3.  "Goddess," replied Ulysses, "do not be angry with me about this. Iam quite aware that my wife Penelope is nothing like so tall or sobeautiful as yourself. She is only a woman, whereas you are animmortal. Nevertheless, I want to get home, and can think of nothingelse. If some god wrecks me when I am on the sea, I will bear it andmake the best of it. I have had infinite trouble both by land andsea already, so let this go with the rest."
4.  "Alas," said he to himself, "what kind of people have I comeamongst? Are they cruel, savage, and uncivilized, or hospitable andhumane? I seem to hear the voices of young women, and they soundlike those of the nymphs that haunt mountain tops, or springs ofrivers and meadows of green grass. At any rate I am among a race ofmen and women. Let me try if I cannot manage to get a look at them."
5.  Telemachus gave him no heed, but sat silently watching his father,expecting every moment that he would begin his attack upon thesuitors.
6.  "'Stranger,' replied she, 'I will make it all quite clear to you.There is an old immortal who lives under the sea hereabouts andwhose name is Proteus. He is an Egyptian, and people say he is myfather; he is Neptune's head man and knows every inch of ground allover the bottom of the sea. If you can snare him and hold him tight,he will tell you about your voyage, what courses you are to take,and how you are to sail the sea so as to reach your home. He will alsotell you, if you so will, all that has been going on at your houseboth good and bad, while you have been away on your long and dangerousjourney.'

推荐功能

1.  Thus did the chiefs and rulers of the Phaecians to king Neptune,standing round his altar; and at the same time Ulysses woke up oncemore upon his own soil. He had been so long away that he did notknow it again; moreover, Jove's daughter Minerva had made it a foggyday, so that people might not know of his having come, and that shemight tell him everything without either his wife or his fellowcitizens and friends recognizing him until he had taken his revengeupon the wicked suitors. Everything, therefore, seemed quite differentto him- the long straight tracks, the harbours, the precipices, andthe goodly trees, appeared all changed as he started up and lookedupon his native land. So he smote his thighs with the flat of hishands and cried aloud despairingly.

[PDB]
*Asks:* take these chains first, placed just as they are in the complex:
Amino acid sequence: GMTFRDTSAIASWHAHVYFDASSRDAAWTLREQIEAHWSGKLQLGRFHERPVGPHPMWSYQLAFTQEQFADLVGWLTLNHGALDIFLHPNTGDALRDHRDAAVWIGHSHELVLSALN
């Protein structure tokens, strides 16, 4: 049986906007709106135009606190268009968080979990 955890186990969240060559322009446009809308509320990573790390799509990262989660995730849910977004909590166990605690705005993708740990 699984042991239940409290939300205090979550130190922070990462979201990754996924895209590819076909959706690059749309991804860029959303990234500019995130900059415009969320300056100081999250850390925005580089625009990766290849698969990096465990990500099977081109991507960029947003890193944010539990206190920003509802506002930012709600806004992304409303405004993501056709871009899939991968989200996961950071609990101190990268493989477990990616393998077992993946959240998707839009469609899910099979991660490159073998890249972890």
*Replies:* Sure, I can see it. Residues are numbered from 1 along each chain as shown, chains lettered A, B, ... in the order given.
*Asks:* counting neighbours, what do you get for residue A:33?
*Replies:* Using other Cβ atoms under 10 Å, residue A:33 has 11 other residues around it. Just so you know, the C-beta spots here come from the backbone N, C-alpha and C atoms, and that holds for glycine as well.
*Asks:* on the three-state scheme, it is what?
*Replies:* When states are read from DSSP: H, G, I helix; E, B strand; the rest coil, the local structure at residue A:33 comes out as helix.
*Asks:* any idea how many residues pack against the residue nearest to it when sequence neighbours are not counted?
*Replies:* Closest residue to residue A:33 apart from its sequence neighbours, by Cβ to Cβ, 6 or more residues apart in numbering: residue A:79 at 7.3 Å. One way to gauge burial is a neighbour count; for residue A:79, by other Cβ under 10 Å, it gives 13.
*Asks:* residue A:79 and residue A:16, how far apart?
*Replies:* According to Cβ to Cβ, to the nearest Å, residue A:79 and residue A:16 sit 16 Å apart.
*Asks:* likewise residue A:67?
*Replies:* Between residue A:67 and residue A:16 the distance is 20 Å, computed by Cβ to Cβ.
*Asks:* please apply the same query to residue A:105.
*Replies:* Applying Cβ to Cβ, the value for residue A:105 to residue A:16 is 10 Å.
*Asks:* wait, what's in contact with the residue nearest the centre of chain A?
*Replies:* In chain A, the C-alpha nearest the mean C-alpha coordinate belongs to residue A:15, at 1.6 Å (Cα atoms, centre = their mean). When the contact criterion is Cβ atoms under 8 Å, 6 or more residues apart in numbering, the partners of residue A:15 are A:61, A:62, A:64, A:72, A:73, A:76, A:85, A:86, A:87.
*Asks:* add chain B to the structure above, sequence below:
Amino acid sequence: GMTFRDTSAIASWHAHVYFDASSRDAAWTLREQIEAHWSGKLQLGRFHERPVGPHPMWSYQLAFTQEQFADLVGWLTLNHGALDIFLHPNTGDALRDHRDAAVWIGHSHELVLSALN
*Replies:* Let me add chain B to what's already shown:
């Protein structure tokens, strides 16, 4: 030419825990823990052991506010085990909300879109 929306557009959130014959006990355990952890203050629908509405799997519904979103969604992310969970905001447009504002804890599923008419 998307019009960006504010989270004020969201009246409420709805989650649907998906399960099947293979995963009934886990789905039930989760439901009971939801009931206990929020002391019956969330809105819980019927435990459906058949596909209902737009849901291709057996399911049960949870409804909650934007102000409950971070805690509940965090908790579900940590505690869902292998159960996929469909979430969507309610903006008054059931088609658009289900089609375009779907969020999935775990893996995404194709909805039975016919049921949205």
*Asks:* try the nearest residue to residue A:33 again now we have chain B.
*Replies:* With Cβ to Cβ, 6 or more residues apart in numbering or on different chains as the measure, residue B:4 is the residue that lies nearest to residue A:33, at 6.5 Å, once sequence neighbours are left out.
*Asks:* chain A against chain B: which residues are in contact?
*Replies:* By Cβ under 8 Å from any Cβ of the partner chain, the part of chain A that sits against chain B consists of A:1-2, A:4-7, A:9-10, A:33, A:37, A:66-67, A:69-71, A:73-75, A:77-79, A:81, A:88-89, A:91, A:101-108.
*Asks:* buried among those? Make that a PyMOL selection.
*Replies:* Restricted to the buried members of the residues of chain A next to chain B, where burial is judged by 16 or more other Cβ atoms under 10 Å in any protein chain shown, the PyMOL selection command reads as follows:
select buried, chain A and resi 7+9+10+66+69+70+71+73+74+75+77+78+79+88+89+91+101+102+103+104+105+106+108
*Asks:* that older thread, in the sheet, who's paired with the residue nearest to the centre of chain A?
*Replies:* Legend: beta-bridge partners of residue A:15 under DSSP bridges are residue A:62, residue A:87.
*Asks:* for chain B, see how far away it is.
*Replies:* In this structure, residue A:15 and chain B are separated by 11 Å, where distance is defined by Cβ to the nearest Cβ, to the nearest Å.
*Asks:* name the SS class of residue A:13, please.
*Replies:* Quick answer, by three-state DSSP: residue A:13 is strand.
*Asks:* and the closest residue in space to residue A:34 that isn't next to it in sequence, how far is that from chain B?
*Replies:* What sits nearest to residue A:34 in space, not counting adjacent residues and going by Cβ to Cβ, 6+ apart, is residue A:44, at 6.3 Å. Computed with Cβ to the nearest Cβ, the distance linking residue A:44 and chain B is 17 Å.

2.  With this he got up and made a bed for Ulysses by throwing somegoatskins and sheepskins on the ground in front of the fire. HereUlysses lay down, and Eumaeus covered him over with a great heavycloak that he kept for a change in case of extraordinarily badweather.
3.  "Men of Ithaca," he said, "hear my words. From the day Ulyssesleft us there has been no meeting of our councillors until now; whothen can it be, whether old or young, that finds it so necessary toconvene us? Has he got wind of some host approaching, and does he wishto warn us, or would he speak upon some other matter of public moment?I am sure he is an excellent person, and I hope Jove will grant himhis heart's desire."
4.  Then Ulysses said, "Sir, I do not want to stay here; a beggar canalways do better in town than country, for any one who likes cangive him something. I am too old to care about remaining here at thebeck and call of a master. Therefore let this man do as you havejust told him, and take me to the town as soon as I have had a warm bythe fire, and the day has got a little heat in it. My clothes arewretchedly thin, and this frosty morning I shall be perished withcold, for you say the city is some way off."
5.   Pontonous mixed the wine and handed it to every one in turn; theothers each from his own seat made a drink-offering to the blessedgods that live in heaven, but Ulysses rose and placed the double cupin the hands of queen Arete.
6.  So Eteoneus bustled back and bade other servants come with him. Theytook their sweating hands from under the yoke, made them fast to themangers, and gave them a feed of oats and barley mixed. Then theyleaned the chariot against the end wall of the courtyard, and ledthe way into the house. Telemachus and Pisistratus were astonishedwhen they saw it, for its splendour was as that of the sun and moon;then, when they had admired everything to their heart's content,they went into the bath room and washed themselves.

应用